Online classes continue to fall short of expectations, with two main learning management platforms experiencing malfunctions a week into South Korea’s second school year in the COVID-19 pandemic.
The Ministry of Education said Monday that some users in Gyeonggi, North Jeolla and South Jeolla provinces had experienced delays accessing the e-Learning site, a remote learning system run by the Korea Education and Research Information Service, due to server issues. The users tried to access the system at 9 a.m., but had to wait an hour and a half to get through.
Some also experienced login errors and problems playing videos for online classes using the platform of the state-run Educational Broadcasting System during the day, preventing a number of teachers from carrying out remote classes during school hours.
Since the new academic year started March 2, teachers once again have had to use external videoconference applications for classes after experiencing the same problems that occurred when the pandemic started last year.
The Ministry of Education provides the two online learning platforms for schools, and individual schools can choose which ones to use. But it has become clear that both platforms are still riddled with problems.
According to a survey of 741 elementary, middle and high school teachers carried out by the Korean Federation of Teachers’ Associations and made public Monday, only 52 percent of respondents said the remote learning system was stable enough for classes during the new school year.
The survey said 39.1 percent of respondents had reverted to the use of external programs such as Google Classroom or Zoom.
“Questions on responsibility and complaints are raised on schools and teachers for errors on online learning platforms,” the teachers’ group said in a statement. “Education authorities should halt irresponsible administrative works by levying the responsibility solely on teachers.”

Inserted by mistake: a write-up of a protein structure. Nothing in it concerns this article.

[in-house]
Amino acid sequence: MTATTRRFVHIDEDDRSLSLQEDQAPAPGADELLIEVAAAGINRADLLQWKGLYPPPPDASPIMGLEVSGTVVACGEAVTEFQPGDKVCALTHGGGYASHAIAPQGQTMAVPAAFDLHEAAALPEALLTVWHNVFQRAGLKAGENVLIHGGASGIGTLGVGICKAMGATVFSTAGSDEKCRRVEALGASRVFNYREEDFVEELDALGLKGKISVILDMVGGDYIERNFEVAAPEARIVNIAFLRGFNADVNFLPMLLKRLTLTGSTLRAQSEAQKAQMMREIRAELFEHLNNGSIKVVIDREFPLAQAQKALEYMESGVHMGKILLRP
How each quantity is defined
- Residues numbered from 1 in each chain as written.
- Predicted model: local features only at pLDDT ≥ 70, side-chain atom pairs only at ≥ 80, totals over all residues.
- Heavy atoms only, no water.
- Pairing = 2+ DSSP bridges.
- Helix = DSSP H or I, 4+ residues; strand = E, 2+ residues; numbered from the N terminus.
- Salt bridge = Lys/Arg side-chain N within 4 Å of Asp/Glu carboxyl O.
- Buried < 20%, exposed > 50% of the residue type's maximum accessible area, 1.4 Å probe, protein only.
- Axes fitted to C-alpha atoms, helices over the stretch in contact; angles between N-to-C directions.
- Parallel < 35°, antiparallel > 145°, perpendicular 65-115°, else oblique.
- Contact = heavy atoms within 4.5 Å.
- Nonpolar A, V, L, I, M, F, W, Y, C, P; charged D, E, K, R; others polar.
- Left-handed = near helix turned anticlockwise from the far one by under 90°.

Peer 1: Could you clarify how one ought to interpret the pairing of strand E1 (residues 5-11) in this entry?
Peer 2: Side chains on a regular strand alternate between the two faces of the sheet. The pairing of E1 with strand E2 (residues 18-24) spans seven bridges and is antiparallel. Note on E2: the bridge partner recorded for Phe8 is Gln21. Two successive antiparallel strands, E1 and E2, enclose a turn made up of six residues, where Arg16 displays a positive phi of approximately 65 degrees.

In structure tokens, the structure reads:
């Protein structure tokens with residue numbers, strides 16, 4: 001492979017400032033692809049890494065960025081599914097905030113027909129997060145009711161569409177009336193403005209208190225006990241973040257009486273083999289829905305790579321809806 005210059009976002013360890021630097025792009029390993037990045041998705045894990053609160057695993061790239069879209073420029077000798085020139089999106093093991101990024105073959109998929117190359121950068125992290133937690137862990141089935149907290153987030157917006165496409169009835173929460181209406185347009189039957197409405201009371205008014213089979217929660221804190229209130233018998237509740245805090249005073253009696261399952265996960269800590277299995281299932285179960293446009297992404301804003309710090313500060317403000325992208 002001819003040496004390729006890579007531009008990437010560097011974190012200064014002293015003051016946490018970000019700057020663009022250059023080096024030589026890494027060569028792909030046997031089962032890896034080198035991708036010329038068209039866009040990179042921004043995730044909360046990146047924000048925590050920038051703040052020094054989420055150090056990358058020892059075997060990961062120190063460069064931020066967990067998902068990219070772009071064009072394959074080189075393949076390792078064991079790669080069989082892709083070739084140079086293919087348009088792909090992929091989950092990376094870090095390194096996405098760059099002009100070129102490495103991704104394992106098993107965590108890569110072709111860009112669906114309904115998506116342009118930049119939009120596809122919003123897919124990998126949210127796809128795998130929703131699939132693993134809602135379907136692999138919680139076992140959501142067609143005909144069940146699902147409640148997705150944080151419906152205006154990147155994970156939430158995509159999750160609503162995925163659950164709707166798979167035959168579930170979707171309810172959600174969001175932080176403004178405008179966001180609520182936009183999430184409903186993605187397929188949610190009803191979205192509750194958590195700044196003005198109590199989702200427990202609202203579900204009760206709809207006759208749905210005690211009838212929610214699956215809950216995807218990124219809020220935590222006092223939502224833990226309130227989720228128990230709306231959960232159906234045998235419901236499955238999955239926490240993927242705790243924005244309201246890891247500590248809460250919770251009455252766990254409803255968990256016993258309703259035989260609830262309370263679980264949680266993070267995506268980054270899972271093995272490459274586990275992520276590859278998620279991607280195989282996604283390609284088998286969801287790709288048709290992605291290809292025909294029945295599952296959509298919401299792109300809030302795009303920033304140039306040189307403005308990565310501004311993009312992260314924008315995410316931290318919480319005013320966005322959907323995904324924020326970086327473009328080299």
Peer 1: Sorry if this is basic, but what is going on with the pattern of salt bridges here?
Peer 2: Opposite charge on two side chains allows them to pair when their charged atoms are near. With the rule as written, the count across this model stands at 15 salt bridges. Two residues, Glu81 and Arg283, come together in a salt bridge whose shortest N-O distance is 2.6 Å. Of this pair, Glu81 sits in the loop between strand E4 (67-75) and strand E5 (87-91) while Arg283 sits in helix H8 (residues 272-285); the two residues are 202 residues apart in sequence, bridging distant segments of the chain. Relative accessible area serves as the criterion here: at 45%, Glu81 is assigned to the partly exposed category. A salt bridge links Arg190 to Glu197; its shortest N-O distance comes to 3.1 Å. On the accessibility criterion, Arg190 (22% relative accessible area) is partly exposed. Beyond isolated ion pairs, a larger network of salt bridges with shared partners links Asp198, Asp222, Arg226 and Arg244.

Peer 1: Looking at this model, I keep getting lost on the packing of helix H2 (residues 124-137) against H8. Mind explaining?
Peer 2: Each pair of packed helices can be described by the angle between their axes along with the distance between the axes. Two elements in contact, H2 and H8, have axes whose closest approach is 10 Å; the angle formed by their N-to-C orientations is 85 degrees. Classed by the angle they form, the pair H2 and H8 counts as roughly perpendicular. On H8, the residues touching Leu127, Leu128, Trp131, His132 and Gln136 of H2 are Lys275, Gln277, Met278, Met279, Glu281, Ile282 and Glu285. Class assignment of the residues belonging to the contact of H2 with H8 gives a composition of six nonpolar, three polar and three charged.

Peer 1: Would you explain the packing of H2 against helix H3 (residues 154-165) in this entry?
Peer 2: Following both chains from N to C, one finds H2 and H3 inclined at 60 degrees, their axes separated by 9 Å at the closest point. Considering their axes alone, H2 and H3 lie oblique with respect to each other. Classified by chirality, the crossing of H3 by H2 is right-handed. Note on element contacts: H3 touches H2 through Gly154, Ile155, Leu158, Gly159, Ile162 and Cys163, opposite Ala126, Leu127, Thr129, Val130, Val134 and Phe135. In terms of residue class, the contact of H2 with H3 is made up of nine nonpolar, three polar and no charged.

The problem has worsened because the ministry has failed to provide a stable remote learning environment for teachers and students despite being given a full year to assemble one, the federation said.
When the 2020 school year started with remote learning April 9 after weeks of delays, people using the e-Learning site and EBS software frequently reported malfunctions and errors.
When technical errors continued to occur, the ministry spent 3.7 billion won ($3.25 million) to improve the EBS software and 6 billion won to enhance the e-Learning site. But thus far, it seems, the investments have failed to deliver the desired results.
The government vowed earlier this year to launch a newer system for an improved interactive learning environment and easier management of student attendance and classroom resources. This has already failed to arrive on time.
The ministry was also planning to introduce a separate system by August so that teachers could create their own educational content. That plan is also at risk because of troubles affecting the current platforms.
“We are promptly fixing the technical errors through real-time communications with the EBS, KERIS and teachers on site,” the ministry said in a statement Monday.
“We will make sure improvements can be quickly adjusted by applying it in real time after checking it through on-site testing.”
There is a dire need for a quick resolution, as Korea intends to provide education for 2021 through a hybrid system of remote and in-person learning, similar to last year.
For the school year that started this month, the ministry is imposing an attendance cap of one-third of the student body for elementary and middle schools, which can be eased to two-thirds depending on the severity of the virus situation. High schools have a two-thirds attendance cap.
Kindergartners and first and second graders can attend school in person every day, and so can high school seniors slated to take this year’s state-run college entrance exam.
If a stable remote learning environment fails to materialize, the country could experience the same problems as last year.
Achievement gaps among middle and high school students were found during the pandemic, and parents and students asked for those gaps to be addressed this year. Surveys showed that some students couldn’t concentrate in a remote learning environment, but the ministry said it would improve the system to prevent that from happening again.
Yet the ministry said it could not be held responsible for the latest system malfunctions, as the ministry was not in charge of developing and maintaining the remote learning platforms.
“When Deputy Prime Minister Yoo Eun-hae visited the situation room for the EBS online classes on March 5, the one in charge expressed apologies through the press,” a senior ministry official said in a press briefing Monday.
“EBS is in charge of developing and running the online classroom software, and the Ministry of Education is in charge of supervision.”
By Ko Jun-tae (firstname.lastname@example.org